Teaching is a funny beast. As teachers we strive to connect with our students on so many levels, helping them to connect and achieve more in regards to our subjects. We are driven by standards, objectives, state and national policies on education as well as balancing standarized tests with our own curriculum that we have to trim and fit each year. Now, the Maker Movement, STEM or STEAM, 1:1, Educational Technology, and so many other initiative and strategies are constantly on the tips of our tongues as we are "looking to the future" of education.
But I am a teacher...right now
What can I do?
When you think about your classroom, ask yourself:
-Are you spending the entire time lecturing?
-Do students have a voice in what or how they learn?
-Are they able to speak into your planning or are you bestowing your vast knowledge on the subject at hand?
-Do you require your students to memorize the review sheet and then vomit the facts back on the page?
If you answered yes-- Your students are consumers.
The tough part about this concept is that WE were brought up in a system that educated us in a consumerist classroom. Sure, technologies altered how classes were run, but for the most part information was listed, notes were taken, memorized and then vomited back out to show understanding.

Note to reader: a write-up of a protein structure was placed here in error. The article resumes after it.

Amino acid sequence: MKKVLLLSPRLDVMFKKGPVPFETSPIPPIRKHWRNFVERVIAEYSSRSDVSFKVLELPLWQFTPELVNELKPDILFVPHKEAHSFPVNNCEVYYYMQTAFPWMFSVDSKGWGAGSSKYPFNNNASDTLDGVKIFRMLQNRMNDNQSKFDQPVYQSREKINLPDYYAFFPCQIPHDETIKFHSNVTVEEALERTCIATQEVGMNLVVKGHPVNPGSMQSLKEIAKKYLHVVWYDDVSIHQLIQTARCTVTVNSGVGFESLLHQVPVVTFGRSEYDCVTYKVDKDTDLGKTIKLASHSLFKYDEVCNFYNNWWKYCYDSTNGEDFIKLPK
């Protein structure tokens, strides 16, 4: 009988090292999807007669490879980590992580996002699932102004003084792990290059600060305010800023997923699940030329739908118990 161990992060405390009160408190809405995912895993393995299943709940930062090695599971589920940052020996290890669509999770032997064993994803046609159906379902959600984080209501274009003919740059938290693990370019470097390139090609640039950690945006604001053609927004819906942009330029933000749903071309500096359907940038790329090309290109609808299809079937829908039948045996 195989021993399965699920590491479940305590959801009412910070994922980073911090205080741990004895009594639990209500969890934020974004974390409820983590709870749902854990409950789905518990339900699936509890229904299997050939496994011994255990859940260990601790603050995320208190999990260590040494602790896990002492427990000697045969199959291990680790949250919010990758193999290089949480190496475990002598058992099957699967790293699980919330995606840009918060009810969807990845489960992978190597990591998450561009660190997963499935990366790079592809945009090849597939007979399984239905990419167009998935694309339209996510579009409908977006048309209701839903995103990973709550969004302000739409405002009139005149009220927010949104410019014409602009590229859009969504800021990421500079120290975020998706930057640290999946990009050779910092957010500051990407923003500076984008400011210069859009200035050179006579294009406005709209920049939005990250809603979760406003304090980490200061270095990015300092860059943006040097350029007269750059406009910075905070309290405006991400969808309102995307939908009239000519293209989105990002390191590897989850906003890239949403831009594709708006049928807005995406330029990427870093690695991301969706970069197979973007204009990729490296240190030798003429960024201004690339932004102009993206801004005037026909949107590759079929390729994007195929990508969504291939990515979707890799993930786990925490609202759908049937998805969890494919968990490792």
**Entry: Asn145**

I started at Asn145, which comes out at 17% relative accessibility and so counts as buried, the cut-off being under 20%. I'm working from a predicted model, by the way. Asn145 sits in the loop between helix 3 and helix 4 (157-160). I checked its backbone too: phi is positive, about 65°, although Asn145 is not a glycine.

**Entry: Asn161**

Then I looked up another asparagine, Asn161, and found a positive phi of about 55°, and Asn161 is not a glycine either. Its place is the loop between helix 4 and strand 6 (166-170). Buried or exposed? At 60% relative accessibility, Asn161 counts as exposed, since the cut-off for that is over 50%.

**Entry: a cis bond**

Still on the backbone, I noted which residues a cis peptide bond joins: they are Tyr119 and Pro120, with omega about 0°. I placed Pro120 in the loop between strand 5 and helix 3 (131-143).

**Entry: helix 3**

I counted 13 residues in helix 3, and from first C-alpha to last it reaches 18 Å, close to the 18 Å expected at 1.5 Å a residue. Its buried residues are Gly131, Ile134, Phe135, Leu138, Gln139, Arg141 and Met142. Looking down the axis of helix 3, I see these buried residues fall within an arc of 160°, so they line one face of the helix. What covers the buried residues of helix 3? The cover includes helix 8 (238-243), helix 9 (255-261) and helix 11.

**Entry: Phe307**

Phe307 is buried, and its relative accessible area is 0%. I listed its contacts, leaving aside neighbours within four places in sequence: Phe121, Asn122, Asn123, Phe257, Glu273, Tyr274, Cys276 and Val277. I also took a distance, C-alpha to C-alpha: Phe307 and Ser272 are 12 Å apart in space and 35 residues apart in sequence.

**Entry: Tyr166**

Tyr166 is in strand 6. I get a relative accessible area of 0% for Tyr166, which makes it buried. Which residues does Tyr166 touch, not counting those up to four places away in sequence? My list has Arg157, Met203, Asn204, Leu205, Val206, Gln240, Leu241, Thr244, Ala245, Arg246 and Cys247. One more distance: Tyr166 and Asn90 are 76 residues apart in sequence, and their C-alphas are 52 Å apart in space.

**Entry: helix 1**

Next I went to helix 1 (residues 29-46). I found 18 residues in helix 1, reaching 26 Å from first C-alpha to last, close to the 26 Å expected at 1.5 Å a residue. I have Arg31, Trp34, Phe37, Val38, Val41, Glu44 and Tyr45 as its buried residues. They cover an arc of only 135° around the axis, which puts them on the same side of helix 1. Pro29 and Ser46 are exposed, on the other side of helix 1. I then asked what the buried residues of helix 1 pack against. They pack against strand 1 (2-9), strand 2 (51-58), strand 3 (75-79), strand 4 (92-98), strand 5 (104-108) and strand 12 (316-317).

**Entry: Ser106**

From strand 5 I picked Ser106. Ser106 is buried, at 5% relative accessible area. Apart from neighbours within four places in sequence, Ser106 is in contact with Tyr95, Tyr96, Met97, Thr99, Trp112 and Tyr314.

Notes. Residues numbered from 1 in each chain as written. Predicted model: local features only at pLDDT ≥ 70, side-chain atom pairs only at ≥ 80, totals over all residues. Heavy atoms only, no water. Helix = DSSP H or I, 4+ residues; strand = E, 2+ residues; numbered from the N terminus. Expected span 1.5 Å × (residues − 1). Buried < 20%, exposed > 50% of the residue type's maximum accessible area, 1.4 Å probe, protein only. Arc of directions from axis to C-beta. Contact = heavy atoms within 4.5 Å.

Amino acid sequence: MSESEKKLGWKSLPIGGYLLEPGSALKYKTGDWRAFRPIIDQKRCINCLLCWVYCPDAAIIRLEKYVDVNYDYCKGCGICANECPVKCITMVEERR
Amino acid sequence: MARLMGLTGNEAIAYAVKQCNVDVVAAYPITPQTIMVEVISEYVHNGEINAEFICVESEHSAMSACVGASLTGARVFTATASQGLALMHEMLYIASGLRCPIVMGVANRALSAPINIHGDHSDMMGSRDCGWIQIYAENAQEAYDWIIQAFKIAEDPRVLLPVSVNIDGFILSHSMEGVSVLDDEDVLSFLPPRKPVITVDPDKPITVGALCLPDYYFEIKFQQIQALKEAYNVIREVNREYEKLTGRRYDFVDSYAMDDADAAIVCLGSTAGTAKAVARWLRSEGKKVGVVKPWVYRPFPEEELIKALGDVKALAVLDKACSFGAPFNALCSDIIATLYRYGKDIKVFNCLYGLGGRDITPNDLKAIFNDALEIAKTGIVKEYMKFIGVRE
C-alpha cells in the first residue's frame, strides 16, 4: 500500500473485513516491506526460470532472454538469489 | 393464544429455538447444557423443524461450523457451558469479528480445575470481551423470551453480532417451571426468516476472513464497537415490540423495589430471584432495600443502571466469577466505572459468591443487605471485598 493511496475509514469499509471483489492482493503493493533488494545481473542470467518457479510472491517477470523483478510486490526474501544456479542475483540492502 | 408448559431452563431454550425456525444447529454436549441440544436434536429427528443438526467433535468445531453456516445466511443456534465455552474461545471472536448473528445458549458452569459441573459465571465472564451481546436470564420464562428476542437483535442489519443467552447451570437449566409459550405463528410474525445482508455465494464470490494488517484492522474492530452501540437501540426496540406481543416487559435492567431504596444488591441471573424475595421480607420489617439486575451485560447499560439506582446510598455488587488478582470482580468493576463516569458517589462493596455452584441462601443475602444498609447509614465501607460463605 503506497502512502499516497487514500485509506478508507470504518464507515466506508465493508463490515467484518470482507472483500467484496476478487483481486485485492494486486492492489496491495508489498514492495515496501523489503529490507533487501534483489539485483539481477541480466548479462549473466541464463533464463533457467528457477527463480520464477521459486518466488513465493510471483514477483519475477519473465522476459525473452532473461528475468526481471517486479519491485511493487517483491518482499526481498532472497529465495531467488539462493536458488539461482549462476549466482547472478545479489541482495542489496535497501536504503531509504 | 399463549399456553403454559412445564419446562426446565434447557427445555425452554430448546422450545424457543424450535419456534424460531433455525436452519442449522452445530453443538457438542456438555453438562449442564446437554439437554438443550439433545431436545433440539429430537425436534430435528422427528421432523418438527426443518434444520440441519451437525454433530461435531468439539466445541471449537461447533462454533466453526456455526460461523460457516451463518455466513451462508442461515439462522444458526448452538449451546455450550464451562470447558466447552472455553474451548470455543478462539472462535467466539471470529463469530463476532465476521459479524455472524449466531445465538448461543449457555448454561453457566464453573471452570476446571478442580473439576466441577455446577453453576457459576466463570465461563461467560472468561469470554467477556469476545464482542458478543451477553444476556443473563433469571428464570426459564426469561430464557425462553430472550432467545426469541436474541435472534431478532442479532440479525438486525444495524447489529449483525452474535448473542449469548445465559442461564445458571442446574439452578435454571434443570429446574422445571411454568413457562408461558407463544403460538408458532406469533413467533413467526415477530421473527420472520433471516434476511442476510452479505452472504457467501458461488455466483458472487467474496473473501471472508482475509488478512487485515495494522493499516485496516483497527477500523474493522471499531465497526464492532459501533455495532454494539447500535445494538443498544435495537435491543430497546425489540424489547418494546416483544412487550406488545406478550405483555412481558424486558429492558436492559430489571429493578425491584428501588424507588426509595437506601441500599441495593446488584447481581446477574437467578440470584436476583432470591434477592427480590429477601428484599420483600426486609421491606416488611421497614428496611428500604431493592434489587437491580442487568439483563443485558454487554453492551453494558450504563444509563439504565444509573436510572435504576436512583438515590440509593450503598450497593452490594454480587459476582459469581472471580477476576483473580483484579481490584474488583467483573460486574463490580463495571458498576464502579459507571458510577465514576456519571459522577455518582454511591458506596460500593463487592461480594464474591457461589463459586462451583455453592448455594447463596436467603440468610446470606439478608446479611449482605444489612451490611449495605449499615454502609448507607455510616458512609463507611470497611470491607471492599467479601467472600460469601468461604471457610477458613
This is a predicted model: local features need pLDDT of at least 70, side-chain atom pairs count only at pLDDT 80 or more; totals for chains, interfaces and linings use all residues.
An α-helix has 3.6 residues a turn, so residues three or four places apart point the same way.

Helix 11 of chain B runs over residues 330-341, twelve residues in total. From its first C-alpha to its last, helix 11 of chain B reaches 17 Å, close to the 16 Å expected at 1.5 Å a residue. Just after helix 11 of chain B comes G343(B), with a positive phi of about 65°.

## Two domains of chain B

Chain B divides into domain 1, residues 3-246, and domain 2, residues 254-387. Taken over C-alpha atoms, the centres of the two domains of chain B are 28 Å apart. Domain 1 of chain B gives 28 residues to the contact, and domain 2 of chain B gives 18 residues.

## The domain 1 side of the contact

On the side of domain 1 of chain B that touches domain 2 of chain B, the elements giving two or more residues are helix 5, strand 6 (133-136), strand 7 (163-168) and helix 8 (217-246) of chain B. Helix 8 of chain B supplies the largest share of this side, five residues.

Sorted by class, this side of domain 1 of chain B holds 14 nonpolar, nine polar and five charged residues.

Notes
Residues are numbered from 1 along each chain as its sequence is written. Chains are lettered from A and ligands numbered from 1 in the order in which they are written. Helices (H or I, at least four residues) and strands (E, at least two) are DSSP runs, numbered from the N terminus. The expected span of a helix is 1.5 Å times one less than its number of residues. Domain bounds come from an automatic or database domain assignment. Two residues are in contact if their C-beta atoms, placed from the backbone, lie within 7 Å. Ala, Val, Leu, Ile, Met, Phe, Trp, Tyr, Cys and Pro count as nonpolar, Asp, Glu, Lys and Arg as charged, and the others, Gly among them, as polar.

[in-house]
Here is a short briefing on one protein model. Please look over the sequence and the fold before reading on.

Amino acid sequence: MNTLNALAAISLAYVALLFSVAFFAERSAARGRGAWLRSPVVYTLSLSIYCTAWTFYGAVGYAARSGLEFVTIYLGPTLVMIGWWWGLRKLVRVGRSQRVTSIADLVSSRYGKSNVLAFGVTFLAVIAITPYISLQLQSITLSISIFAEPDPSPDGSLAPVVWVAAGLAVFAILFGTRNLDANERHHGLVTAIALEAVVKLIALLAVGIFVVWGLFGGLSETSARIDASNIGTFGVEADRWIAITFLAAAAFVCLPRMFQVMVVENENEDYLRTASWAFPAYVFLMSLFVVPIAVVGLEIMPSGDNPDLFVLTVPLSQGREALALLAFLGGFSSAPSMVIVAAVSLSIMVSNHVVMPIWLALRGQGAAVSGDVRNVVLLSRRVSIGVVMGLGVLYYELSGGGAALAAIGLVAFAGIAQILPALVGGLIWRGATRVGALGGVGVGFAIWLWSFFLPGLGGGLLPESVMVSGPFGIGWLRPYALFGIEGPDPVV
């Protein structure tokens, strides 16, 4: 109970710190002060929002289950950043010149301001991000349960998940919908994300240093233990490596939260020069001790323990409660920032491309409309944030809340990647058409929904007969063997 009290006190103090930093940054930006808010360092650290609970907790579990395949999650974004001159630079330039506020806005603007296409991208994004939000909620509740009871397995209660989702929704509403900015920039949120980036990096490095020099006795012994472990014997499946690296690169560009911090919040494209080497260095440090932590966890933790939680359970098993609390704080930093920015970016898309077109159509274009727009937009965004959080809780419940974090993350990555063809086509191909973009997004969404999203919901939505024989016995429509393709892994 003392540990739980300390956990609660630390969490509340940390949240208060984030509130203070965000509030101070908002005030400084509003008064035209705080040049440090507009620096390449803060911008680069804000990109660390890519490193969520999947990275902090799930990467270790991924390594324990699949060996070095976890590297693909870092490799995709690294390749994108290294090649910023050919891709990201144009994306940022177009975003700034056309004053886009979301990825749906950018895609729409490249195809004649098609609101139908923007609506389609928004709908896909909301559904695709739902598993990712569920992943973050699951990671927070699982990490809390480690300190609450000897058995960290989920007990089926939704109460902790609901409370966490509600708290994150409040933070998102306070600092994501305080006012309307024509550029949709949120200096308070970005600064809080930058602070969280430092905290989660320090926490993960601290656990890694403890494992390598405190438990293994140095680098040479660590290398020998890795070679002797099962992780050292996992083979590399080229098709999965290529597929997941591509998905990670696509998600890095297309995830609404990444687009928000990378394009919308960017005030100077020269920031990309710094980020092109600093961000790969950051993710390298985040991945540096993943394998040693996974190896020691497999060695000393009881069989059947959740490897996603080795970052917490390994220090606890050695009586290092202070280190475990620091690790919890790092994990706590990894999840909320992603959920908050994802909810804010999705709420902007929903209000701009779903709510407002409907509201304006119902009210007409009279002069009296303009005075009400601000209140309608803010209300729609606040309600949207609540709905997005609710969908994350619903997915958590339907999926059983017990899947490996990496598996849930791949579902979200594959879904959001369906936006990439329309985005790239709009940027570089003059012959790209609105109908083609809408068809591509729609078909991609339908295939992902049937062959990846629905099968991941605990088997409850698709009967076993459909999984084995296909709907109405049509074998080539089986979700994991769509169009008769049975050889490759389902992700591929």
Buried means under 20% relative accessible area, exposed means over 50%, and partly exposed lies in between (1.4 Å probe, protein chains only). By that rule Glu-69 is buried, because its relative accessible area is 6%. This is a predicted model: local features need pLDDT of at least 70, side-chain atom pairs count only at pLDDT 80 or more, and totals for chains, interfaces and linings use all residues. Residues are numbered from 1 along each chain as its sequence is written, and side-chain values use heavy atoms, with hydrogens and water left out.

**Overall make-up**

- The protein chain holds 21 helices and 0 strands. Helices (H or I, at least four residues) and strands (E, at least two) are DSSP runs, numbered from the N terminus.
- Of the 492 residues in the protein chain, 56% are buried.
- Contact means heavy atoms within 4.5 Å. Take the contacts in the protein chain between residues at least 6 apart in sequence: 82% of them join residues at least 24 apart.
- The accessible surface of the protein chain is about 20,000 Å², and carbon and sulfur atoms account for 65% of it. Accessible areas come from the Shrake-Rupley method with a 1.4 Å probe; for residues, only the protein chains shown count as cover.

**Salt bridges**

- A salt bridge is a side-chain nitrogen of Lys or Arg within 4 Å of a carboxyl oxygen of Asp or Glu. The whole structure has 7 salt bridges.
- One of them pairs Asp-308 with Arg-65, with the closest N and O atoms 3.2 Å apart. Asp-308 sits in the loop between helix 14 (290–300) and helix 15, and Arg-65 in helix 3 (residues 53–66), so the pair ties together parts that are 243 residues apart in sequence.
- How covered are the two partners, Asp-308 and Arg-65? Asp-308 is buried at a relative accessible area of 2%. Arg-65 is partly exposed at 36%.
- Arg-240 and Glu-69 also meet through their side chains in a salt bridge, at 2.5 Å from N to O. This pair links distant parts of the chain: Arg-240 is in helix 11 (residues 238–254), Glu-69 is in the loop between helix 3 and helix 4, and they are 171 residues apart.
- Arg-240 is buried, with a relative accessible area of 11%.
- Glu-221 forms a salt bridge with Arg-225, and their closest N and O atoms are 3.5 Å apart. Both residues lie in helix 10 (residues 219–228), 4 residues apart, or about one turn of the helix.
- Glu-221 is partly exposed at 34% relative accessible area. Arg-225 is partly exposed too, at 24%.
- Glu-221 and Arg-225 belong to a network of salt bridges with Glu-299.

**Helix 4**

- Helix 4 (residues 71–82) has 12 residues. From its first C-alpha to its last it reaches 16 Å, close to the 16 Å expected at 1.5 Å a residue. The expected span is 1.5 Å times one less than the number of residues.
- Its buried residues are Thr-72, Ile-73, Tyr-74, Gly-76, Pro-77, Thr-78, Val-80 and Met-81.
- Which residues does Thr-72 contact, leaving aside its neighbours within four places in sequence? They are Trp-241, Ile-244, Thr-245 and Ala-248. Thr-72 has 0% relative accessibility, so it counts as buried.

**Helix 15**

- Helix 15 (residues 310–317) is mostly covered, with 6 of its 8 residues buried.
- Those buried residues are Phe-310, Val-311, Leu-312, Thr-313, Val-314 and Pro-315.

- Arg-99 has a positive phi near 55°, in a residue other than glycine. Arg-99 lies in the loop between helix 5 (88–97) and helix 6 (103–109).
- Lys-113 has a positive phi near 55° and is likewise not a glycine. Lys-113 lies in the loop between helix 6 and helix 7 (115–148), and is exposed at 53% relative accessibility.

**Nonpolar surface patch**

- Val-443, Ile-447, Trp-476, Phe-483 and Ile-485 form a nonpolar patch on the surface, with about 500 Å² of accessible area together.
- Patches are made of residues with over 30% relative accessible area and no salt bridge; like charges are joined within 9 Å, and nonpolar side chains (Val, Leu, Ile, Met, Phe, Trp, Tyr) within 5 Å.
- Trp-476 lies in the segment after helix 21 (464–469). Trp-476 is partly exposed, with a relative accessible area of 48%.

Is that learning? I guess I can't completely discount the process because I came out alright. But what more could come from the information that I was coming in contact with if I was encouraged to be a producer rather than a consumer?
Your classroom, like the system can't change overnight, but here are 5 tips that can move you into a more producer centered classroom.
1. Assess your assessments
Take some time to look through the assessments that you have created for one of your units. Dissect them. What are you assessing? How is your assessment encouraging creativity? Is the result of your assessment allowing the students to use their creativity and their ability to produce information based on their learning? We want to challenge our students to put the information they are learning to work. Think of practical activities, projects or even scenario questions that could allow for students to build practical connections.